Tuesday, January 18, 2011

Sue singer-songwriters!

It was one of those occasions that music really gets to you. A pleasant location - a quiet pool - and the music on the sound system was not of the unobtrusive elevator style music you can’t remember anymore when the next song starts. It was good solid 1970s style pop music. And it triggered a discussion about music. Well, it was not much of a discussion, because we agreed. Music was better when we were young. So there’s the proof. I’m getting old.

I’m probably too old for today’s popular music. There is so little that interest me. Today’s artists and producers are only reaching back to old familiar songs and use ‘m as samples in a techno beat. And then there is so much superficial commercial dance music that I ask myself: where has the music gone? Surely, Lady Gaga, the much hyped darling of the music industry, somehow fails to connect to my musical taste. In my days – the high school years that are so important in our memory – we listened to rock music. And with the years came the appreciation of all kinds of popular artists and performers. Yes, I started to like classical music as well. But as far as popular music goes, artists should make an effort. We are music consumers, we absorb lyrics and notes, we have a right to be entertained with songs, or if you like, a musical concept that is the result of a joined creative process between writer, artist and producer. Listen to the Stones’ great Miss You – that instrumental downbeat just melts together with passionate way Jagger treats us to the lyrics. I am thrilled when I listen to the 1940s style big band music, how thoroughly produced a complete array of brass instruments can join together in a fascinating piece of music that really illustrates what the word ‘swing’ means. Do not get me started about Frank Sinatra – there has never been greater performer, a singer who can hypnotize his audience. Because he does not sing, no, he acts the lyrics with his voice and timbre.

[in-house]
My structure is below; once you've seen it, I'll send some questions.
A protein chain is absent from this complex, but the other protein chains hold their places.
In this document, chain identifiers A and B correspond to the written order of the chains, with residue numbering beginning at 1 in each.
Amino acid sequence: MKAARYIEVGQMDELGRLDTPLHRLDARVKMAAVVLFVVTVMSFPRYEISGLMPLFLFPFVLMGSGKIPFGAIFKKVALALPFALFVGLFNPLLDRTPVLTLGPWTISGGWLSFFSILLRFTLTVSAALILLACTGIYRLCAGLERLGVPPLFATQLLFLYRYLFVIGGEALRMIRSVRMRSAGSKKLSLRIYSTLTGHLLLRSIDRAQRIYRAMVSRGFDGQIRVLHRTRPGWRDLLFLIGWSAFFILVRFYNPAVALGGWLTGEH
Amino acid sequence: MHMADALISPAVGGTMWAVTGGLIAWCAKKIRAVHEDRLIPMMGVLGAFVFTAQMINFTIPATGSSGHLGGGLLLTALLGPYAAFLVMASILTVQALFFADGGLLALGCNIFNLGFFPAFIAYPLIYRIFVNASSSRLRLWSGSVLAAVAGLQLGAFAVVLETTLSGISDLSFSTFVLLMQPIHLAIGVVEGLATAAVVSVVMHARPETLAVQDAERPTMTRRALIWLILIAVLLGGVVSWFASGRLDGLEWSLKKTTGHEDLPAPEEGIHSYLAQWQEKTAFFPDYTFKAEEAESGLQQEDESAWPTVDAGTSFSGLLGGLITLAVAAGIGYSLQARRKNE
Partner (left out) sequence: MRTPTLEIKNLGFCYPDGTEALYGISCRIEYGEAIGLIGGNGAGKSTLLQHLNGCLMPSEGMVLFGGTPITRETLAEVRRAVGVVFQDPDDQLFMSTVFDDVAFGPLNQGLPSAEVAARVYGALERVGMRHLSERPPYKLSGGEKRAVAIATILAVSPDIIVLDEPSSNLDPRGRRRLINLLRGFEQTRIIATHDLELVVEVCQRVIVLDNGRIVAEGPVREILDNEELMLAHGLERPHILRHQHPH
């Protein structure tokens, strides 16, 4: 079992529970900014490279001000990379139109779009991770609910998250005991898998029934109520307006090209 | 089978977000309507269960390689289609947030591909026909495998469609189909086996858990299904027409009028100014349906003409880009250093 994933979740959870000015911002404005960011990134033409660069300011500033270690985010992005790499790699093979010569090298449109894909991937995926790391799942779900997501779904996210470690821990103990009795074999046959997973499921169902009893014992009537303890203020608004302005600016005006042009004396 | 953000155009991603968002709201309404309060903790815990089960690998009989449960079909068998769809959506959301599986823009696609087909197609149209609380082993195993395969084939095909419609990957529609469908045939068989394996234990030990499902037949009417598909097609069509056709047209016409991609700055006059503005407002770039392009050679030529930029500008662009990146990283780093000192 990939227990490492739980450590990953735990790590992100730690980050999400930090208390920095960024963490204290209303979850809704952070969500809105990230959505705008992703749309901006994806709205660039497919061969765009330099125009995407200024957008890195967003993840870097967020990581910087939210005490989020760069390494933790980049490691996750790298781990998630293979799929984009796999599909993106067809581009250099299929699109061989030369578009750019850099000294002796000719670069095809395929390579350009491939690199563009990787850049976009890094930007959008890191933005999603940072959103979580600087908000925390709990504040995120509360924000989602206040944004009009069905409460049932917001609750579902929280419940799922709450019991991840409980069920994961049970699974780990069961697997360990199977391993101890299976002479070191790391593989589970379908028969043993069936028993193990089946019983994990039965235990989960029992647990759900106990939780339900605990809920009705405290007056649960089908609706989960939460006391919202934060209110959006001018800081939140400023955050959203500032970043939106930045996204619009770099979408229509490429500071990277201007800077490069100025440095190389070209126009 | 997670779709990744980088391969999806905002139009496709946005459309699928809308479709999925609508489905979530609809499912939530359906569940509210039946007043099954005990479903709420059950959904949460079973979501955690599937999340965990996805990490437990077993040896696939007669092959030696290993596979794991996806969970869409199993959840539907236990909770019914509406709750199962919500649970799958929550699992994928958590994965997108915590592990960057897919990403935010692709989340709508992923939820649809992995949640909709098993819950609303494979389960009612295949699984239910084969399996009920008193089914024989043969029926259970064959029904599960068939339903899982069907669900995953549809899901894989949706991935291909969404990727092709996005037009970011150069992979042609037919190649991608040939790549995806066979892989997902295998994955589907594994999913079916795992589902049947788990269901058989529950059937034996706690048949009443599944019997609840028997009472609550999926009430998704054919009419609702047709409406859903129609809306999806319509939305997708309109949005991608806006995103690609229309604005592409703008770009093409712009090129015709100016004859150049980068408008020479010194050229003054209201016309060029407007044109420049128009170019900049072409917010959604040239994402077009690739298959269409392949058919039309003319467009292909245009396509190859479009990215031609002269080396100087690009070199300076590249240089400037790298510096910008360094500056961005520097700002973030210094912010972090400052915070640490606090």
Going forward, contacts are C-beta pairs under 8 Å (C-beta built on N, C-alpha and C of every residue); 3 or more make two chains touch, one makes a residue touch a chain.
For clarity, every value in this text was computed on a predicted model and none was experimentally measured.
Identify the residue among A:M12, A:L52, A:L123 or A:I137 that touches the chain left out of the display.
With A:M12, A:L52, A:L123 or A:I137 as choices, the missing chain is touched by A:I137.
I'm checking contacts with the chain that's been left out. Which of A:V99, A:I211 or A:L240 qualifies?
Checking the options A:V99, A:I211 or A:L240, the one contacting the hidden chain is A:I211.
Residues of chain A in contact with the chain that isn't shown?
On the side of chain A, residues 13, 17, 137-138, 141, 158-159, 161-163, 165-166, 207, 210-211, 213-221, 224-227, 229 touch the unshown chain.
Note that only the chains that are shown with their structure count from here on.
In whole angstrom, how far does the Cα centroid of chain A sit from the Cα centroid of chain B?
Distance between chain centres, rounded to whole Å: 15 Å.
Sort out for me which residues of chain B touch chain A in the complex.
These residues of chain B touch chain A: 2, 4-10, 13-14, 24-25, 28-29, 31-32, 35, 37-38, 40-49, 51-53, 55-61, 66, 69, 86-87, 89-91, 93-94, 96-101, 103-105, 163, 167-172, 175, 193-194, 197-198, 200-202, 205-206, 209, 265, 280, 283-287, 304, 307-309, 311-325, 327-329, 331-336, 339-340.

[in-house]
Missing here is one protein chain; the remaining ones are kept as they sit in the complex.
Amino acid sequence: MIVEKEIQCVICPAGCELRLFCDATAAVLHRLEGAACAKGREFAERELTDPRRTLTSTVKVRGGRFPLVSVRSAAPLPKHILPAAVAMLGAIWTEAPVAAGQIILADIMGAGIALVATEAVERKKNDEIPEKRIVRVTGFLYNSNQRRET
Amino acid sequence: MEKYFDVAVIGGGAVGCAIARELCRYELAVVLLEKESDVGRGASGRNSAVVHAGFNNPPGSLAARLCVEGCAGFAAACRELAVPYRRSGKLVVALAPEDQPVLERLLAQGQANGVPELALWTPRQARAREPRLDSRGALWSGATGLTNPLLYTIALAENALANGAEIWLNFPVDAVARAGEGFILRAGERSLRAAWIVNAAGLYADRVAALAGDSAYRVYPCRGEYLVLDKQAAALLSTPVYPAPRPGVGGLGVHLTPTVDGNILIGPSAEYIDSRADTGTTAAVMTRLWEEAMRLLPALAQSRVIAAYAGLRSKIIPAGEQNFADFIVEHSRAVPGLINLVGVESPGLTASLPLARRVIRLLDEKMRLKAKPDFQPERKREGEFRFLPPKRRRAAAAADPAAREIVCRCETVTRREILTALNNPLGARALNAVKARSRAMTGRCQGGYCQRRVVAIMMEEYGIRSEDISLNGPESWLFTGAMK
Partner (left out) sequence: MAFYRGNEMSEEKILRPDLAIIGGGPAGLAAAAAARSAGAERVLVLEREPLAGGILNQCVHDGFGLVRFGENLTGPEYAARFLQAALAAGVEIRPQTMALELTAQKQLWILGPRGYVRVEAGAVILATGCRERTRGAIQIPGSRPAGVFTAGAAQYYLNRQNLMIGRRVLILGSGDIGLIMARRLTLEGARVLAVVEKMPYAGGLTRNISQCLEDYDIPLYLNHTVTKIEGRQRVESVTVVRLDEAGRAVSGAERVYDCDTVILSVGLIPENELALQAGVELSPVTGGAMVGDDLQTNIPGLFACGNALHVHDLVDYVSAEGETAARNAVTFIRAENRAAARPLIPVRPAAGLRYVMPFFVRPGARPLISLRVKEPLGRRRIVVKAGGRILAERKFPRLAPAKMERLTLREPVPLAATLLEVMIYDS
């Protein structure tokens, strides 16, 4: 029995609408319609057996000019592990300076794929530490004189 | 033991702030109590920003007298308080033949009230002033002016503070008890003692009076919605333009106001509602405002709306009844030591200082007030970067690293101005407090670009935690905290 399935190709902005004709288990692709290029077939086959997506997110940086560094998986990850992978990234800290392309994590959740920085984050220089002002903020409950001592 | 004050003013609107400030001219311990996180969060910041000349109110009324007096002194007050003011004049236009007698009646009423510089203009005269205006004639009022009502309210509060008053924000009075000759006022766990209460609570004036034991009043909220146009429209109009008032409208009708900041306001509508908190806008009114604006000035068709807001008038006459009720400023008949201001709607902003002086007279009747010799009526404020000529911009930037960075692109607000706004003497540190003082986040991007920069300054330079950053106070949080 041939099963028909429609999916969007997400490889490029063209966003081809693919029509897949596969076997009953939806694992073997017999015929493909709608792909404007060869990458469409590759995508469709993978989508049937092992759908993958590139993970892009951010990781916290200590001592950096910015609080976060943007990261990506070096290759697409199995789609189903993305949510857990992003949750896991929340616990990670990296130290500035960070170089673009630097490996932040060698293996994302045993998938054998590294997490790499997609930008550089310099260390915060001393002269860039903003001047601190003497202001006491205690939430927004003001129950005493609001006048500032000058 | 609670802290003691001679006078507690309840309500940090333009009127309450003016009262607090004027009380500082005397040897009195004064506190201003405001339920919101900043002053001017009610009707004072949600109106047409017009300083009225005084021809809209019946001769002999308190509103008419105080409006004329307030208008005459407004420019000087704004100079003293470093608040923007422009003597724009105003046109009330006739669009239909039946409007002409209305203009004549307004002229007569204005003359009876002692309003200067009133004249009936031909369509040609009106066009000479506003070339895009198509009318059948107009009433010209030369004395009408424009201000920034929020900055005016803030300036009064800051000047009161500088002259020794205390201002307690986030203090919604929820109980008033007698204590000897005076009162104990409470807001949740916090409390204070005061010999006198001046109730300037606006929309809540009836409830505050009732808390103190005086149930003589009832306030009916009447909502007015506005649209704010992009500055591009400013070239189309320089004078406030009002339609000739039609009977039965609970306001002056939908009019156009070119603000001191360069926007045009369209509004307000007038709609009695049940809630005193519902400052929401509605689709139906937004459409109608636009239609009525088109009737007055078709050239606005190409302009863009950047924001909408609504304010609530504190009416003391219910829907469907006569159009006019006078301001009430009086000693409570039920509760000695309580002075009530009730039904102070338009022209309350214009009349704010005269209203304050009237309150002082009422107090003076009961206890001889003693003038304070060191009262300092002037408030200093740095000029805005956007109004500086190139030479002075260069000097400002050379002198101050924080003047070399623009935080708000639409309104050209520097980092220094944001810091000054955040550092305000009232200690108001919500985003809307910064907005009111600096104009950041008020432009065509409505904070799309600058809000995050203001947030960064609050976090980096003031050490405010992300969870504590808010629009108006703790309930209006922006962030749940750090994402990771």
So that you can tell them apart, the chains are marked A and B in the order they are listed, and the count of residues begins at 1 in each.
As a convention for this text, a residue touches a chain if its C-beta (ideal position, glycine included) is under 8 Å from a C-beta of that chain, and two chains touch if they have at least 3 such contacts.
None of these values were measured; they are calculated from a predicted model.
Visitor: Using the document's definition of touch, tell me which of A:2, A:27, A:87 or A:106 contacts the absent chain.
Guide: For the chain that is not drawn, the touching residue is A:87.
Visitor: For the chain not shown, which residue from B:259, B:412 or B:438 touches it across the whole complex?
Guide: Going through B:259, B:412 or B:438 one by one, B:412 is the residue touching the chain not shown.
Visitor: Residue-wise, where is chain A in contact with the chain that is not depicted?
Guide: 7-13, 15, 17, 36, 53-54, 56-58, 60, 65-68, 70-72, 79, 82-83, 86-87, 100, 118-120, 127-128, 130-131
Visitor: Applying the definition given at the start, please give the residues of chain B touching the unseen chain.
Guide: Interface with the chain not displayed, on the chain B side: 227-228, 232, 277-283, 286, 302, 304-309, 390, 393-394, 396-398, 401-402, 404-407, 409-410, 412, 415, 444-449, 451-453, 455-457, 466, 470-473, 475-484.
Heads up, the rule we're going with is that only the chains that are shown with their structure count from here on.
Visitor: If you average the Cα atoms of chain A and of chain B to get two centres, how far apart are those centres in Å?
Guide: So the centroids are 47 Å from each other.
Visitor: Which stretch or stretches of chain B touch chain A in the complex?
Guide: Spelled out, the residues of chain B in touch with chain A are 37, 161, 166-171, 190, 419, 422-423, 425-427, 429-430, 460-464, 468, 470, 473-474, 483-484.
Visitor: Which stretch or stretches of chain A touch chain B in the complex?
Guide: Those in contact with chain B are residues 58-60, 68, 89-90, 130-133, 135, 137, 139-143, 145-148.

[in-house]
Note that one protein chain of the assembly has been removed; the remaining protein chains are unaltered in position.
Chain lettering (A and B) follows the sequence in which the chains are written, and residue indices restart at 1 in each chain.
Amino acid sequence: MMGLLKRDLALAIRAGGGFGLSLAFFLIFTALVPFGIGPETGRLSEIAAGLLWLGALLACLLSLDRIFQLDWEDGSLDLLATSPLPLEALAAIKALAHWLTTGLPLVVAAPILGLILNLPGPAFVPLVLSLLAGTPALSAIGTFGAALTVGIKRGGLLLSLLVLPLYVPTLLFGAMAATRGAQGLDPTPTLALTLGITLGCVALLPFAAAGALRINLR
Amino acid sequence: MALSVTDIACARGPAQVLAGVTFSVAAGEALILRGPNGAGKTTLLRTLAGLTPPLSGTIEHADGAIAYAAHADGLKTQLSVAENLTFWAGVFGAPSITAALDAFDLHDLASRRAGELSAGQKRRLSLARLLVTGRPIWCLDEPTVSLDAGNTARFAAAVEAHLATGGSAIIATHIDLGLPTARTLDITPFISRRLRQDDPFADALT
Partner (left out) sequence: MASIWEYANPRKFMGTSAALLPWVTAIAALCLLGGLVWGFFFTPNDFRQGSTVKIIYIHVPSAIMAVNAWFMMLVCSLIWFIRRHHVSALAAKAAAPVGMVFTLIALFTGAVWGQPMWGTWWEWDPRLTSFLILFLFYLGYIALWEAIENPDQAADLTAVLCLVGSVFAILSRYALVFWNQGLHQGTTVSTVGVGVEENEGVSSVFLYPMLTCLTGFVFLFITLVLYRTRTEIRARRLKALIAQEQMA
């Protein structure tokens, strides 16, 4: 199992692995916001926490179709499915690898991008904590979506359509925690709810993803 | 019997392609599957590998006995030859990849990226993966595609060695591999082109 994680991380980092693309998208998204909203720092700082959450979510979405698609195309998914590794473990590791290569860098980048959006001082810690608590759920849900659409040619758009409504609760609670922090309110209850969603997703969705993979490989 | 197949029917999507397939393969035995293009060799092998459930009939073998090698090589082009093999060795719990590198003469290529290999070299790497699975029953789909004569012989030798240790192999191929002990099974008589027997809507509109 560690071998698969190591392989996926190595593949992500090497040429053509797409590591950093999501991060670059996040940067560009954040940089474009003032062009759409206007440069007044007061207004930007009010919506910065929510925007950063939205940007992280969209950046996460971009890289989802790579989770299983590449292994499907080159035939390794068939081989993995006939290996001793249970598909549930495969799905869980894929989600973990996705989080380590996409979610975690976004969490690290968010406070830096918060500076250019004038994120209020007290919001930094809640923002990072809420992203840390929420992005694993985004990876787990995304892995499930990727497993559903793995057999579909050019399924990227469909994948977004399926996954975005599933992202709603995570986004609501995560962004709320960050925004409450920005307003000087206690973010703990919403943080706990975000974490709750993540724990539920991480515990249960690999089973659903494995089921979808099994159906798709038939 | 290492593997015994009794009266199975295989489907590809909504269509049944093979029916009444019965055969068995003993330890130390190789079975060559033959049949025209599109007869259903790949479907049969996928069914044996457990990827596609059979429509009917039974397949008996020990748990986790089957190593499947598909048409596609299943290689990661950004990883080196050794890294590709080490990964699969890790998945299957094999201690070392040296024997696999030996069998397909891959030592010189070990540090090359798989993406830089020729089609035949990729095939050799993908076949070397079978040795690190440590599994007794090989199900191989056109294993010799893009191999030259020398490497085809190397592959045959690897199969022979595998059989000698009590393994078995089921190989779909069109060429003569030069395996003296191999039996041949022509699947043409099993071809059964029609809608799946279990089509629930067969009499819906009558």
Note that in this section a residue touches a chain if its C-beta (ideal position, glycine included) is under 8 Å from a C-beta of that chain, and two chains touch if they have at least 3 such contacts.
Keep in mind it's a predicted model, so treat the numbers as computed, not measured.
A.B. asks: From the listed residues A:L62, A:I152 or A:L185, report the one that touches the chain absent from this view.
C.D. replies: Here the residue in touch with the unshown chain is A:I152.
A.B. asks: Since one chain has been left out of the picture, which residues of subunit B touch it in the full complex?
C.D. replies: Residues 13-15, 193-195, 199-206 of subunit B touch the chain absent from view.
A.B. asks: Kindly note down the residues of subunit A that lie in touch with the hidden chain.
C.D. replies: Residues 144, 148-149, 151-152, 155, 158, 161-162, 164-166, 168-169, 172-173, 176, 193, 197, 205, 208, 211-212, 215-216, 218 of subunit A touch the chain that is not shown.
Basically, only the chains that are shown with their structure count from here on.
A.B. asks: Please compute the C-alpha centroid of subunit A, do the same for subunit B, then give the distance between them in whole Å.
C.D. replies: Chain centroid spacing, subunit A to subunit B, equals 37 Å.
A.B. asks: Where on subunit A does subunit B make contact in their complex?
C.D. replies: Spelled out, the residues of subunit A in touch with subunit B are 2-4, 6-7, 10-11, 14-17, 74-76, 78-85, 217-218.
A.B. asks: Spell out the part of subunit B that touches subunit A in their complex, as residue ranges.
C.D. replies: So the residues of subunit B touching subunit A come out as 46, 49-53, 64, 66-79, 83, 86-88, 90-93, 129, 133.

There are far too many artists and bands I like, and I can’t list ‘m all here. My absolute favorite song is You’re so vain by that great singer Carly Simon. And no rock band can beat Massive Attack’s Unfinished Sympathy – and truly, there has never been a greater music video. And why do I show here a link to Robbie Williams and the lovely Jane Horrocks? Only for the sheer joy you witness when these people perform and the conductor’s enthusiasm… Now that is music.

So why all this? Listening to that 1970s hit song Shout, by The Trammps, we concluded that the music we know as the Philly sound was so good, and that is such a shame that there is so little original worthwhile music today. And we concluded that the utmost uninteresting artists that are so popular today, are the so called singer-songwriters. There is no music that triggers an acute allergy as these thin and shallow songs with me. A shocking level of musical nihilism, that is primarily embraced by the sub intellectual crowd can only be listened too while drinking huge amounts of alcohol. What we would regard as a promising debut by a 17 year old high school kid with a guitar on a school concert, is nothing more as pretentious, but pathetic attempt to bring us amateur style poetry accompanied by an adult with a guitar. Who act as if their audience is their therapy. “Amazing that many of these guys have to perform in bars in their home country, and are only popular around,” a friend once said. Go figure. Today’s singer-songwriters are an insult to legacy of the real great singer-songwriters like Bob Dylan and Leonard Cohen. Luka Bloom, an apparently popular singer-songwriter, is responsible for this impressive lyric, of which I shall only give you a few lines:

Everyday is the rainy season
Every night is a full moon
Whenever I’m with you darling
Love is a monsoon
Goosebumps all around my skin
Whenever you come into the room
Fresh wild smell of jasmine
Love is a monsoon

I won’t continue, this kind of kindergarten poetry is enough to sue the writer. And we bring evidence. This is what the great Leonard Cohen wrote: